The marijuana industry is pouring millions of dollars into five states, pushing measures that would legalize marijuana. Arizona, Mississippi, Montana, New Jersey and South Dakota all have marijuana initiatives on the ballot; four would legalize recreational marijuana, while two would legalize medical marijuana.

Legalized pot is bad news for individuals, families and communities. Today’s marijuana is not the same as what the “flower children” smoked 50 years ago. It’s much more potent and dangerous. Pot edibles, vaping oils, and smoked marijuana contain much higher concentrations of THC – the psychoactive compound in cannabis.

States that have legalized marijuana have already seen the harms, including:

  • More youth and young adults using the drug: Colorado, one of the first states to legalize the drug, holds the top ranking in the country for first-time marijuana use among youth ages 12 and up.
  • Increased driving under the influence and more accidents: Marijuana use impairs driving in a number of ways, slowing reaction time, decreasing coordination, and impairing judgment of time and distance.
  • Commercialized marijuana increases emergency room visits and deaths – especially in children and youth. Marijuana use can lead to depression, suicidality and other mental health issues.
  • Increased state spending: Those pushing marijuana promise that money will come pouring into state coffers, but Colorado spends $4.50 to mitigate the effects of legalization for every $1.00 in marijuana tax revenue.

Medical marijuana creates problems for children and youth, public safety, and business productivity. South Dakota’s medical marijuana bill has the drug handed out by marijuana dispensaries, not licensed pharmacies, creating a system at risk for fraud and abuse.

Here’s what’s on the ballot in each state, along with links for where you can find more information on this important issue.


Proposition 207, the Marijuana Legalization Initiative, legalizes the recreational possession and use of marijuana. The Center for Arizona Policy (CAP), a Focus on the Family-allied organization, explains that the 17-page initiative is backed by the marijuana industry, which has already spent more than five million dollars to mislead voters. CAP has information about the harms of recreational marijuana and is part of the Arizonans for Health and Public Safety, a coalition working to defeat the measure.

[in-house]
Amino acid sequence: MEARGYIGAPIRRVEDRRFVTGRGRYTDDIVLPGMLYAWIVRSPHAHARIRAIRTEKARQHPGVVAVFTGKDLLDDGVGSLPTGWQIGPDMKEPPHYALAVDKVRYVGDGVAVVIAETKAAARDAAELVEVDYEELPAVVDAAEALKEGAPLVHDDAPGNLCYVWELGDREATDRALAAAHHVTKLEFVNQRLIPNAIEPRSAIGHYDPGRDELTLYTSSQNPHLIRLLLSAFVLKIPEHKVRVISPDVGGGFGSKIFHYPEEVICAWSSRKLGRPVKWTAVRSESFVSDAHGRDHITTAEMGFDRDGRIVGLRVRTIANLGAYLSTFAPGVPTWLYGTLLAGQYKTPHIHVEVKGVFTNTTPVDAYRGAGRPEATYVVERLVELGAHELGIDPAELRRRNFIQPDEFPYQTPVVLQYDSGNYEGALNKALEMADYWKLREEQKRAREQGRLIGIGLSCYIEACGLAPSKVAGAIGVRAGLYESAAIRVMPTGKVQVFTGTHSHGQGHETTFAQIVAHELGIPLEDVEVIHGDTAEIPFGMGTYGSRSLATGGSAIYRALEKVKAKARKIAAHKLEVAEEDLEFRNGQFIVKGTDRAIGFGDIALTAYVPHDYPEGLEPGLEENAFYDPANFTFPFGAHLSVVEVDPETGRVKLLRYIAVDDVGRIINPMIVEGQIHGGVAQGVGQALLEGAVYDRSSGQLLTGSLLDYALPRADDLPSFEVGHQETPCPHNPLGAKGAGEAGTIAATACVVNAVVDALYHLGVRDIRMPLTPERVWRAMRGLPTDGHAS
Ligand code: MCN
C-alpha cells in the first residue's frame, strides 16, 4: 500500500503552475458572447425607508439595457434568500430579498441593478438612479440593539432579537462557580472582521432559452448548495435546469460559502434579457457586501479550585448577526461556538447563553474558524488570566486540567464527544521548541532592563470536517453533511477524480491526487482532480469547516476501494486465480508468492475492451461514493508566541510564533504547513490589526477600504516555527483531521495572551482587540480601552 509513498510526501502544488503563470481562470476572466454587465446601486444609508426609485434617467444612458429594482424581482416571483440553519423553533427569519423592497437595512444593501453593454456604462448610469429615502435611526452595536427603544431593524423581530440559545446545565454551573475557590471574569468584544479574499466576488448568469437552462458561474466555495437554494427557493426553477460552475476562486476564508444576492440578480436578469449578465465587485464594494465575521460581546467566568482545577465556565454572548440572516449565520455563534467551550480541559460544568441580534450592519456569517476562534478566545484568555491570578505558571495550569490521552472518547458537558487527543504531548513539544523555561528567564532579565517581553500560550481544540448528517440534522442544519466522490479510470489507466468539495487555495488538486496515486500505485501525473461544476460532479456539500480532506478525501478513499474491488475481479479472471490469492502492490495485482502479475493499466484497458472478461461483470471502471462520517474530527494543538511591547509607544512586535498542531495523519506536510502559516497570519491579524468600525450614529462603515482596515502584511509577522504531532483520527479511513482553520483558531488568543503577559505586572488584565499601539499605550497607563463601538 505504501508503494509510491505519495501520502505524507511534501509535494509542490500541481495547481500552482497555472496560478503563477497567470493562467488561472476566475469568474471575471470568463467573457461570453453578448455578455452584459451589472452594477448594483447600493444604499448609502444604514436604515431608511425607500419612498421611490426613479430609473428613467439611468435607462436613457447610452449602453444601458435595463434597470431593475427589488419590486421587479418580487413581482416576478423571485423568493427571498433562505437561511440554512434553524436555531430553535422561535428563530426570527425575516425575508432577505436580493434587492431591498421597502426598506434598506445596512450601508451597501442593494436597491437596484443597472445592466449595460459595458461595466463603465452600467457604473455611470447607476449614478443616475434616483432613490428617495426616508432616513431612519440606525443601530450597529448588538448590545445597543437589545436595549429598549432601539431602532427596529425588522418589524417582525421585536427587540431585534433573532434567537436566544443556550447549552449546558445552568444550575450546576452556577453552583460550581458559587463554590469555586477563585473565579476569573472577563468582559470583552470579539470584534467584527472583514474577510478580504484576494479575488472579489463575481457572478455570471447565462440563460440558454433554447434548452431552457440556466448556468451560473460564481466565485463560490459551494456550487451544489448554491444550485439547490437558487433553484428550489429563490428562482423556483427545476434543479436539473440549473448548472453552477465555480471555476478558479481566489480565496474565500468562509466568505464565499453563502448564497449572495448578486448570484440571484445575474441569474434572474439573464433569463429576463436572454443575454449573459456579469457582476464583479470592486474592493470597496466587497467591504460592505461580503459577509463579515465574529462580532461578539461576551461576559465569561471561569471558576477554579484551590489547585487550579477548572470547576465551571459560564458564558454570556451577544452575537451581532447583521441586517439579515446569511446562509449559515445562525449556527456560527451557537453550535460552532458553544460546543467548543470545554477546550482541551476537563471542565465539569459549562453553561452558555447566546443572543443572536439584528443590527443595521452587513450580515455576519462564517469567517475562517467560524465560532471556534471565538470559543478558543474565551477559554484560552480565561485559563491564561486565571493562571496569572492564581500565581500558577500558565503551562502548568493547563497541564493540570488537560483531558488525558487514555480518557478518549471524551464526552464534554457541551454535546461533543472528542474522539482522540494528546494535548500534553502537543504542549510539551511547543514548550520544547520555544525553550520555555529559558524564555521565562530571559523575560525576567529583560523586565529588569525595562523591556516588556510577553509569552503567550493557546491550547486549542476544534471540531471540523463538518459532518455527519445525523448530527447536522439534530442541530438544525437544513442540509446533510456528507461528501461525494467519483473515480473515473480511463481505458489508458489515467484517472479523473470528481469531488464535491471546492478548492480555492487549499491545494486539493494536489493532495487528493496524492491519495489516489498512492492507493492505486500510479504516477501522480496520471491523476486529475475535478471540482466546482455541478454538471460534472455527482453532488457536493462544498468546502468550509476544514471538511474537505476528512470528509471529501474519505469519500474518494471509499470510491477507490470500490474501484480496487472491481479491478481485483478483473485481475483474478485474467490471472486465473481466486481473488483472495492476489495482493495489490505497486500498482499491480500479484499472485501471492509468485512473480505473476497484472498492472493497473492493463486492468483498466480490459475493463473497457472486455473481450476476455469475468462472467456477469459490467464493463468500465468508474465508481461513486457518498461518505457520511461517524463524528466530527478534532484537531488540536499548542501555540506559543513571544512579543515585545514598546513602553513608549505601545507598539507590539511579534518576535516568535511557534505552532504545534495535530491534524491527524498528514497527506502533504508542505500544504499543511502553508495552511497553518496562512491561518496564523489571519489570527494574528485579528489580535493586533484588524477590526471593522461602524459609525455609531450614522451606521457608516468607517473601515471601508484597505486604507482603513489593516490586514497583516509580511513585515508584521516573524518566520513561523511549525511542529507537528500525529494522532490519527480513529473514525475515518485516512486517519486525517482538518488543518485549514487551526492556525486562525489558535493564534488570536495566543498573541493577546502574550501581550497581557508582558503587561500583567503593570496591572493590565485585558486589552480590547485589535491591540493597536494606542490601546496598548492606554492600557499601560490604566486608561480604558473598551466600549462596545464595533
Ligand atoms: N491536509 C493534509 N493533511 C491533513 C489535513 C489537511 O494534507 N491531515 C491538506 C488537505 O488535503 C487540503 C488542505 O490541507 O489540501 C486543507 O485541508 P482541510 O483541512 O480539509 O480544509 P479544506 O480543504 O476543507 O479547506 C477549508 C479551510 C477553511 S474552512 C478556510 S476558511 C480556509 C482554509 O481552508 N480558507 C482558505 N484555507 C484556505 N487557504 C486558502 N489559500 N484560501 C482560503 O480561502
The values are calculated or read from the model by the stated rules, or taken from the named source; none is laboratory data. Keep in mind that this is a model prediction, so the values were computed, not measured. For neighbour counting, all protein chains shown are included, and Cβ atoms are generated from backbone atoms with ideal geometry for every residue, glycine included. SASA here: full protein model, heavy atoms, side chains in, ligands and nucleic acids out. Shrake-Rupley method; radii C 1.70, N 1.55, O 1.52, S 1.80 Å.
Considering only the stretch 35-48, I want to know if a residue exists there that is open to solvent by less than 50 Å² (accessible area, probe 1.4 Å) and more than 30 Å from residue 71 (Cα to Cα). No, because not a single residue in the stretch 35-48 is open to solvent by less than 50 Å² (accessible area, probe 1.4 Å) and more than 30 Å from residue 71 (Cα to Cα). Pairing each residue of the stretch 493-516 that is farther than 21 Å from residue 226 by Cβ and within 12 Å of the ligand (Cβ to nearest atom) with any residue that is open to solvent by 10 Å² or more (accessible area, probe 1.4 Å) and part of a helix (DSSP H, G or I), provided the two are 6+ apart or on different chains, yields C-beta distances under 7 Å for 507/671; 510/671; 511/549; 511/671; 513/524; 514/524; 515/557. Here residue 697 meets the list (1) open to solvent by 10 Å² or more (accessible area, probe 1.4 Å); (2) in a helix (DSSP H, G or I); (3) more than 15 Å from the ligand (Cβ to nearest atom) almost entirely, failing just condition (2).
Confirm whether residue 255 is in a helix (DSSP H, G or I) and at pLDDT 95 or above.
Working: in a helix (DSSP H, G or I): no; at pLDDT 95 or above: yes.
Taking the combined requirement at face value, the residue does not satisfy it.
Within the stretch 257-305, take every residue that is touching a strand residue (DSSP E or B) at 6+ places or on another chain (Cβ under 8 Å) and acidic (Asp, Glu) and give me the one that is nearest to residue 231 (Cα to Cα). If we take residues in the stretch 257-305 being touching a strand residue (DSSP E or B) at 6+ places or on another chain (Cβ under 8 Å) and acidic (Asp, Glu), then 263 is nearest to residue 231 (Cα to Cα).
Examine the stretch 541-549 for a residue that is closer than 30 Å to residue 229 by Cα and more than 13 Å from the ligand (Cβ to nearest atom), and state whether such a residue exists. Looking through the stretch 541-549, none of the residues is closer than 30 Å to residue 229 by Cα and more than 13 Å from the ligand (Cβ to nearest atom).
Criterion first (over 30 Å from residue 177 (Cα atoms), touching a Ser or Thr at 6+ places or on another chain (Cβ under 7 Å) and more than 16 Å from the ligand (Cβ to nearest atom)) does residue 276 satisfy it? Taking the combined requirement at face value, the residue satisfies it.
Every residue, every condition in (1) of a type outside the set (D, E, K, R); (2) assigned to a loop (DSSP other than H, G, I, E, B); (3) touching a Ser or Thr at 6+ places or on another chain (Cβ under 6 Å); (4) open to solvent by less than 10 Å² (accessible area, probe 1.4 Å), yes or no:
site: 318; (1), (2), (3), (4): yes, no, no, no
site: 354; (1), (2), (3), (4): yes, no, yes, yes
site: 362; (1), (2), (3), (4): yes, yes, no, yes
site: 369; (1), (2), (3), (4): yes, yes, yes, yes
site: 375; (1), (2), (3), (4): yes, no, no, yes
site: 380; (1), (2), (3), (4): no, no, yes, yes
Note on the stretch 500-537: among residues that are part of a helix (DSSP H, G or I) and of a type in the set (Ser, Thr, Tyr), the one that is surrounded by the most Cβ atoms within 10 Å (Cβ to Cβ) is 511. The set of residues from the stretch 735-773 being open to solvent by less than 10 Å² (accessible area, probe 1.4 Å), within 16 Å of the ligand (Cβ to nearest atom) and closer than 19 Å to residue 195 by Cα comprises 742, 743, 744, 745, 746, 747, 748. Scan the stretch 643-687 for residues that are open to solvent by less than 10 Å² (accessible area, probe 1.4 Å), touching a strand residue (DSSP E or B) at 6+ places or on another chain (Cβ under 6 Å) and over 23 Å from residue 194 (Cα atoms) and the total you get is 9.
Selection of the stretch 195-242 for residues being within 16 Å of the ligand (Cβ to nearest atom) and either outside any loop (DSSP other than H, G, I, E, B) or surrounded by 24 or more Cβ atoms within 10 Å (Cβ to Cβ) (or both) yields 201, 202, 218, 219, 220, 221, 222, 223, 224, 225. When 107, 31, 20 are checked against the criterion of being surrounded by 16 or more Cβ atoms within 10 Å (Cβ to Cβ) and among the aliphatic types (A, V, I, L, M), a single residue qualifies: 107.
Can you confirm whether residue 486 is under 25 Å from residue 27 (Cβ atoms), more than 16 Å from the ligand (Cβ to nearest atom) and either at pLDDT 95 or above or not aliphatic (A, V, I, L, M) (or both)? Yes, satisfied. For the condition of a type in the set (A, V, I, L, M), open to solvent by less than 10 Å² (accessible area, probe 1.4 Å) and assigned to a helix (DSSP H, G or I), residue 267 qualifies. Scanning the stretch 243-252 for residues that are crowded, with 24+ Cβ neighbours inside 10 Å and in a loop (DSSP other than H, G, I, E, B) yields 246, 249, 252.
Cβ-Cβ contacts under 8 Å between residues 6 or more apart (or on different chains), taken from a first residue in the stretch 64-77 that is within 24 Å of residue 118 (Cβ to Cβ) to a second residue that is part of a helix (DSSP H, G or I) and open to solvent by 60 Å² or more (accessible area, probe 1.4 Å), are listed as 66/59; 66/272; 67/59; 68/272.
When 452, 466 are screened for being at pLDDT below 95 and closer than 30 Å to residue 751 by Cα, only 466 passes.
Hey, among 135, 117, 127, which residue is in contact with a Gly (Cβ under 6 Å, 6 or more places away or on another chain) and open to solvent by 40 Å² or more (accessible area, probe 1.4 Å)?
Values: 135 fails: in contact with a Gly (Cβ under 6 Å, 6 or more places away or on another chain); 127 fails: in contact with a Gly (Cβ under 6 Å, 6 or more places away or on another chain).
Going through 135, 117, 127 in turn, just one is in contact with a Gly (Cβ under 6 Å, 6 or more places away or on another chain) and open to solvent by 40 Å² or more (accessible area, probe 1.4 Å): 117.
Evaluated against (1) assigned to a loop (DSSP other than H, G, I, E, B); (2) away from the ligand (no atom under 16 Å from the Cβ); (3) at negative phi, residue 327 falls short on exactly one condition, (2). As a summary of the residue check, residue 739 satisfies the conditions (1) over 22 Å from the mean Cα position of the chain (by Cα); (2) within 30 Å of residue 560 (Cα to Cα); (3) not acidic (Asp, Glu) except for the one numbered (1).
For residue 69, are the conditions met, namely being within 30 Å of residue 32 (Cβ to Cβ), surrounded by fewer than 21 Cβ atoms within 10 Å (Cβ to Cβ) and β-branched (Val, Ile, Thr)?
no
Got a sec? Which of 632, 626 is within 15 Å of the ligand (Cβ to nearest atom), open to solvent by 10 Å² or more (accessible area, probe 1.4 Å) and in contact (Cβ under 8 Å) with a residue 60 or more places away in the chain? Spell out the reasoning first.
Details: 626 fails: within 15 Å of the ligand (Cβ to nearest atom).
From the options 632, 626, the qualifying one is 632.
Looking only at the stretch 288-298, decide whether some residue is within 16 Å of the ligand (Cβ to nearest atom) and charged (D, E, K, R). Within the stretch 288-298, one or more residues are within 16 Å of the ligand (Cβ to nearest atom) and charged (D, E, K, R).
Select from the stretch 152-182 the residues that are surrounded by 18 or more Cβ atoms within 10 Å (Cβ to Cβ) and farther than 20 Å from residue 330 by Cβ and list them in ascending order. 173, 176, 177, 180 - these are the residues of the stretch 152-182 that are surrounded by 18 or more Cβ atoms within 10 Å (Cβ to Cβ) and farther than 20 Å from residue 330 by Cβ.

Initiative 65 and Alternative 65A, a Medical Marijuana Amendment, would amend the Mississippi Constitution to allow medical marijuana for individuals with a debilitating medical condition. Voters first choose “either” or “neither” for both amendments. Then they vote for which one of the amendments they prefer. Measure 65 lists qualifying medical conditions, a tax rate of 7% and possession limits. 65A does not specify any of these. Marijuana supporters have already spent almost five million dollars supporting Initiative 65.


Voters in Montana have two ballot measures that would legalize recreational marijuana.  CI-118 would amend the state’s constitution to allow the legislature or the state’s voters to establish a legal age for purchasing, consuming or possessing marijuana. The Marijuana Legalization and Tax Initiative, I-190, would legalize  the possession and use of marijuana for adults over the age of 21, impose a 20% tax on marijuana sales, require the Department of Revenue to develop rules to regulate marijuana businesses, and allow for the resentencing or expungement of marijuana-related crimes.

The Montana Family Foundation, a Focus-affiliated organization, is part of a grassroots coalition fighting marijuana legalization. That group, Wrong for Montana, has videos, talking points and research about the harms from commercialized marijuana.

New Jersey

Public Question 1, Marijuana Legalization Amendment , would amend New Jersey’s Constitution to legalizes the possession and use of marijuana for individuals 21 and older. The initiative also legalizes the cultivation, processing, and sale of retail marijuana. Supporters have said the amendment would “strengthen public health and safety” and “foster economic development.”

The Family Policy Alliance of New Jersey, along with medical and law enforcement groups, explains that this is not true. They’re working with two coalitions fighting marijuana legalization. New Jerseyans Against Legalizing Marijuana and Don’t Let NJ Go To Pot have videos, talking points and research about the harms from commercialized marijuana.

South Dakota

South Dakota is the first state to have both recreational and medical marijuana during the same election. Initiated Measure 26 would establish a medical marijuana program for individuals with a debilitating medical condition. Constitutional Amendment A legalizes recreational marijuana. It also requires the legislature to pass laws providing for the use of medical marijuana and the sale of hemp.

The Family Heritage Alliance, a Focus on the Family-allied organization, is working against marijuana legalization in South Dakota. The group has posted an informative webinar on the two ballot measures. No Need for Weed in South Dakota and NO Way on Amendment A also have information on what’s wrong with legalizing medical and commercial marijuana. 

Related articles and resources:


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